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5.1 An overview of the Turkish economy

Major macroeconomic indicators

 

2007

2008

2009

Population (million of inhabitants)

70.6

71.5

72.6

Gross domestic product (US$ billion)

649

742

618

Real GDP growth (%)

4.7

0.7

-4.7

Consumer prices (year-on-year % change)

8.8

10.4

6.3

Exports of goods (US$ billion)

107.3

132.0

102.1

Imports of goods (US$ billion)

170.1

202.0

140.9

Average exchange rate (Turkish new lira per US dollar)

1.2

1.5

1.5

Turkey is an interesting and promising emerging market. Experiences gained in a series of crises in 1994, 2000 and 2001 have strengthened Turkey’s economic tenacity and pliability, which in turn have helped the economy to rebound shortly after bottoming out in 2001, ending up with a cumulative GDP increase of 168% between 2002 and 2009. On the back of such a stronger economic foundation, Turkey, unlike many of its counterparts in the emerging world, has been in a better position to face the economic headwinds battering the global financial markets in 2009. Despite a GDP contraction of 4.7% during the year, Turkey is expected to resume growth of as high as 7% in 2010.

GDP growth and unemployment in Turkey

Source: TurkStat

On the other hand, Turkey’s accession negotiations with the EU since end-2005 offer renewed opportunities for many foreign investors and traders. Given its favourable demographic profile (i.e. large and young) and mature industrial base, Turkey’s economy has been forecast to be the fastest growing economy among the OECD members during 2011-2017 with an annual average growth rate of 6.7%, consistently outperforming that of the EU27.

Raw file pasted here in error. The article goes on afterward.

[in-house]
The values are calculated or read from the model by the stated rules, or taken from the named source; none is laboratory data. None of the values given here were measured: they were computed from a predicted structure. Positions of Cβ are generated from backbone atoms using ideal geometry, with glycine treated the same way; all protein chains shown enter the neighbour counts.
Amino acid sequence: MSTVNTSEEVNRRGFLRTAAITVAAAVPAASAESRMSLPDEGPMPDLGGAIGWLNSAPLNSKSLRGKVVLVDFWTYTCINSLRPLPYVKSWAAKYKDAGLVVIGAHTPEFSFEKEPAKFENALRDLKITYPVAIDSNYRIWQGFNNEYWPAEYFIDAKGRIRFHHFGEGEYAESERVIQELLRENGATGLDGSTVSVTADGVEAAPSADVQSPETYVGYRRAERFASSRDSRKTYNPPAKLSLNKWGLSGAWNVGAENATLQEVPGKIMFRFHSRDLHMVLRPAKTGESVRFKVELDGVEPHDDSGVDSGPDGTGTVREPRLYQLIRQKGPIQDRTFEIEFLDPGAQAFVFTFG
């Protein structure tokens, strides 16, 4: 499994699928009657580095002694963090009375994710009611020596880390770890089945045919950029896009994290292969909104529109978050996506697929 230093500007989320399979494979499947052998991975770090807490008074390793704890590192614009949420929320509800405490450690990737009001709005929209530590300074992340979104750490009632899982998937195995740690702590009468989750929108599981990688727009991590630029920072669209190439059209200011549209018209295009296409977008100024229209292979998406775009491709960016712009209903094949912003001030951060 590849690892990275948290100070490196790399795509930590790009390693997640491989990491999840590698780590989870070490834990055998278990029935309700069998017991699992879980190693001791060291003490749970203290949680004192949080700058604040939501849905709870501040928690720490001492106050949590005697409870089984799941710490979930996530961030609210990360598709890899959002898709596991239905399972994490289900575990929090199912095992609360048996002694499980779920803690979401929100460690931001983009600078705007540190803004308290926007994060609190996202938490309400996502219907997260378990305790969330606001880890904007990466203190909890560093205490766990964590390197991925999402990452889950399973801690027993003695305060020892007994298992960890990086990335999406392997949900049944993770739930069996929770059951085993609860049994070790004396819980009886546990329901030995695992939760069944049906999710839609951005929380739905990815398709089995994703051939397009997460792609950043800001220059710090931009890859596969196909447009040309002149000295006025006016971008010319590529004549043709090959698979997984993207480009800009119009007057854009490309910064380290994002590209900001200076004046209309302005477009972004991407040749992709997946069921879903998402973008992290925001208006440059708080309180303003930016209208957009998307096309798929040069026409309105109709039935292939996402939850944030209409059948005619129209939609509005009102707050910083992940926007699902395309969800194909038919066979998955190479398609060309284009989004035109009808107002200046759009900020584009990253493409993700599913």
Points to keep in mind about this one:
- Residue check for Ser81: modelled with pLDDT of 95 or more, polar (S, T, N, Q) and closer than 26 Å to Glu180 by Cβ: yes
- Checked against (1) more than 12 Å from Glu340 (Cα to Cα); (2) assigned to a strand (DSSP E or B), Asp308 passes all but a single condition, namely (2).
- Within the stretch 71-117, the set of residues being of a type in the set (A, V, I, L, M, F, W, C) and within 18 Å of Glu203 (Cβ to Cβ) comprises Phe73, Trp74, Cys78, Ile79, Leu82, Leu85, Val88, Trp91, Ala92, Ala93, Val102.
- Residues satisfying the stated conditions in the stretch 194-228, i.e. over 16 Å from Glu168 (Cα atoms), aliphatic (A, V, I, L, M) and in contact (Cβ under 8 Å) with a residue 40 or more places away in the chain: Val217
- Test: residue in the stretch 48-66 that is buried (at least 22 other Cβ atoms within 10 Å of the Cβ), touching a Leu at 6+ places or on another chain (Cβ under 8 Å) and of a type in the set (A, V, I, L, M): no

Notwithstanding the prevailing global economic turmoil, Turkey thus presents unabated opportunities for Hong Kong over the medium to long term. Turkey’s track record of fast economic growth, expanding middle income class and unrivalled geographical advantage as a natural bridge between both East-West and North-South axes raises the odds of a growing regional role in East Europe and the Middle East, creating an efficient and cost-effective access to 1.5 billion consumers in Europe, Eurasia, the Middle East and North Africa.

In light of such a steadfast backdrop, although Hong Kong’s trade with Turkey is relatively small, growth potential cannot be disregarded. While China has made massive inroads in Turkey in recent years, and the Turkish government has organised many official missions to the Chinese mainland, it seems inevitable that Turkey will source more from the Chinese mainland, given its expansion in consumption and industrial production, despite a short-term pullback.

Content provided by Hong Kong Trade Development Council
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